Where next for BIDs

As we have already seen, the flexibility of the BID model in Scotland (there are some legislative differences in England) is such that groups may only be limited by their own ambition. Currently Scotland has what is thought to be the world first food and drinks BID and the first tourism BID this side of the Atlantic. Another innovation is the Borders Railway BID, which seeks to maximise the collective benefit to businesses that are located along the railway route.

It has been suggested that the BID model could be used in a more flexible way to generate income for other public service projects, including the suggestion of a BID for health and a BID for schools. Although the intricacies of how these would work in practice are still being considered, there is much that can be taken from how the existing models use community empowerment, and engagement between the public, third and private sectors to create sustainable and inclusive local economic growth in an area.

As well as their commercial enterprising side, BIDs are also realising their potential as agents of community development and improvement beyond that of economic input. The future currently looks bright for BIDs, which will hopefully mean that it also looks brighter for our local communities.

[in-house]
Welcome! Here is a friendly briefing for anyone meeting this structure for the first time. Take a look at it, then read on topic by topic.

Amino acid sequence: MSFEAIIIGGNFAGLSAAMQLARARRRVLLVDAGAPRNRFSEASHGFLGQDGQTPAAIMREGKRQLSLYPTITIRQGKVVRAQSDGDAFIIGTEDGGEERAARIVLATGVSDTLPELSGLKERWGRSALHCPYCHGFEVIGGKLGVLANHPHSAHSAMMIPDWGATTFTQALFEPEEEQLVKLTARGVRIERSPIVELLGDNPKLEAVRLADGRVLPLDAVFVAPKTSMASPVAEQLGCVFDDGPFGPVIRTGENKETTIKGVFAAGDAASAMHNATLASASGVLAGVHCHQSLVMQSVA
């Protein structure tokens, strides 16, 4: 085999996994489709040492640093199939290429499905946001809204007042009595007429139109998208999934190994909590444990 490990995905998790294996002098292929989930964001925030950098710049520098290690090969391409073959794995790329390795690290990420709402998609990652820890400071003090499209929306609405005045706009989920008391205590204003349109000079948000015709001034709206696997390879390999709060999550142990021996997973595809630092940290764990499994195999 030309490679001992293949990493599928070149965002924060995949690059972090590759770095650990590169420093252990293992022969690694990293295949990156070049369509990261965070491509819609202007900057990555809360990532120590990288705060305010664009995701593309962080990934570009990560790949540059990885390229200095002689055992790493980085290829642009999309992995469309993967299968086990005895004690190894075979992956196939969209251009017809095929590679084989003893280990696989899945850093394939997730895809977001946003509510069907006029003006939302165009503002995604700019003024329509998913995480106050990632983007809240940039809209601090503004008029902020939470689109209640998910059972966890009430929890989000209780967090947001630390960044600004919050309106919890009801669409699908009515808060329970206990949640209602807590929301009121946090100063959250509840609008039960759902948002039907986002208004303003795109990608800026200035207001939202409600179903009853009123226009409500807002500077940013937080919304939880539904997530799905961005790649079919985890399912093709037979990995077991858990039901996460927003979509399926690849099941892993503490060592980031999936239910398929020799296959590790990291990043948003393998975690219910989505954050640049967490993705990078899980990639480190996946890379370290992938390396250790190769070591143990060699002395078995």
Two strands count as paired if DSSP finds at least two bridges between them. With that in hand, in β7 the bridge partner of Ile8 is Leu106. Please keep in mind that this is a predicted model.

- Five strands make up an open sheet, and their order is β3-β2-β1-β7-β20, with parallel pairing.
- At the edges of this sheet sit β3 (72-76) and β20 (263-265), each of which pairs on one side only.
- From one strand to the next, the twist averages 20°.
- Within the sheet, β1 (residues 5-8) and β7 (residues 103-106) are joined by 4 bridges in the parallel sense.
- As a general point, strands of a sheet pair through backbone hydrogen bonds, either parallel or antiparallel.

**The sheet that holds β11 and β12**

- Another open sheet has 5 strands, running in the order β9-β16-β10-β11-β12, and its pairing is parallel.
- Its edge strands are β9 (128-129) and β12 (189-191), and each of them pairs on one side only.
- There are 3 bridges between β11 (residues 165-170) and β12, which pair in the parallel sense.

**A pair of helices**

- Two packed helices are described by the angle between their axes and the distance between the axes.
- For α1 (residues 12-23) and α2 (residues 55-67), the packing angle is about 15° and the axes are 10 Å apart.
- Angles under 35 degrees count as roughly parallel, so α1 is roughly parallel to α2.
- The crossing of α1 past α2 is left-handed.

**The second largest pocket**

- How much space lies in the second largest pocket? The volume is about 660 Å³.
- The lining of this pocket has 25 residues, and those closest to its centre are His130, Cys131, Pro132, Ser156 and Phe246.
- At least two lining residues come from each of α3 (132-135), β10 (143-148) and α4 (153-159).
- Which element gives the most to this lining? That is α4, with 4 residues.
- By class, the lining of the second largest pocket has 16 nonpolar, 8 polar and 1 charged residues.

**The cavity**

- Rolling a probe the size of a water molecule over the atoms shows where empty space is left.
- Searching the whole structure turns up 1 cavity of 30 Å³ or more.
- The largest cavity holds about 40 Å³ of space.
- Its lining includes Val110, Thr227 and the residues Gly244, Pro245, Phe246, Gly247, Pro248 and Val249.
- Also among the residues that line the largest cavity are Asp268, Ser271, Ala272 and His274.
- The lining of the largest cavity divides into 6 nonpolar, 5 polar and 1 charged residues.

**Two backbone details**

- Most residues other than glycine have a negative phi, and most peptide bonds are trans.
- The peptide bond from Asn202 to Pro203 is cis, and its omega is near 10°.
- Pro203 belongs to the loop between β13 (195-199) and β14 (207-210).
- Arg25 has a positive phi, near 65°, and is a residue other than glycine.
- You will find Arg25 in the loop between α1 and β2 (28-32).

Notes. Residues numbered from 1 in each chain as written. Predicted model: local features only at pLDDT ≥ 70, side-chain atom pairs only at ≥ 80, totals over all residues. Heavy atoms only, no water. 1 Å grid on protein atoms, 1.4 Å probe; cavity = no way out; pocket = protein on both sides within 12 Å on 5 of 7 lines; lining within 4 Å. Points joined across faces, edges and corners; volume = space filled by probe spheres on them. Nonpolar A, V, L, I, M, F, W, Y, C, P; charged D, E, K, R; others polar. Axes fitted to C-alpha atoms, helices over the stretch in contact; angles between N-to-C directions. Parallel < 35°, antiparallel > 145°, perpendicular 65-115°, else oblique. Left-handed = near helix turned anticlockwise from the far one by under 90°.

Business Improvement Districts Scotland is the national organisation for BIDs in Scotland, providing support, advice and encouragement to business groups, communities and local authorities considering and developing a business improvement district.

BIDs Scotland held its Annual Gathering on 28th March 2017 at Perth Concert Hall  with the theme of People – Place – Business: Business Improvement Districts – the key to economic growth.

Follow us on Twitter to see what developments in public and social policy are interesting our research team. If you enjoyed this article, you may also be interested in our other article on BIDs.

Information Service members can also access a research briefing on BIDs here (login required).

Graduate ‘brain drain’ – is regional economic growth the solution?

college graduates groupBy Heather Cameron

With the economic performance of cities and regions increasingly reliant on the skills of their workforce, the longstanding issue of graduate ‘brain drain’ to London and the south is something that needs to be addressed.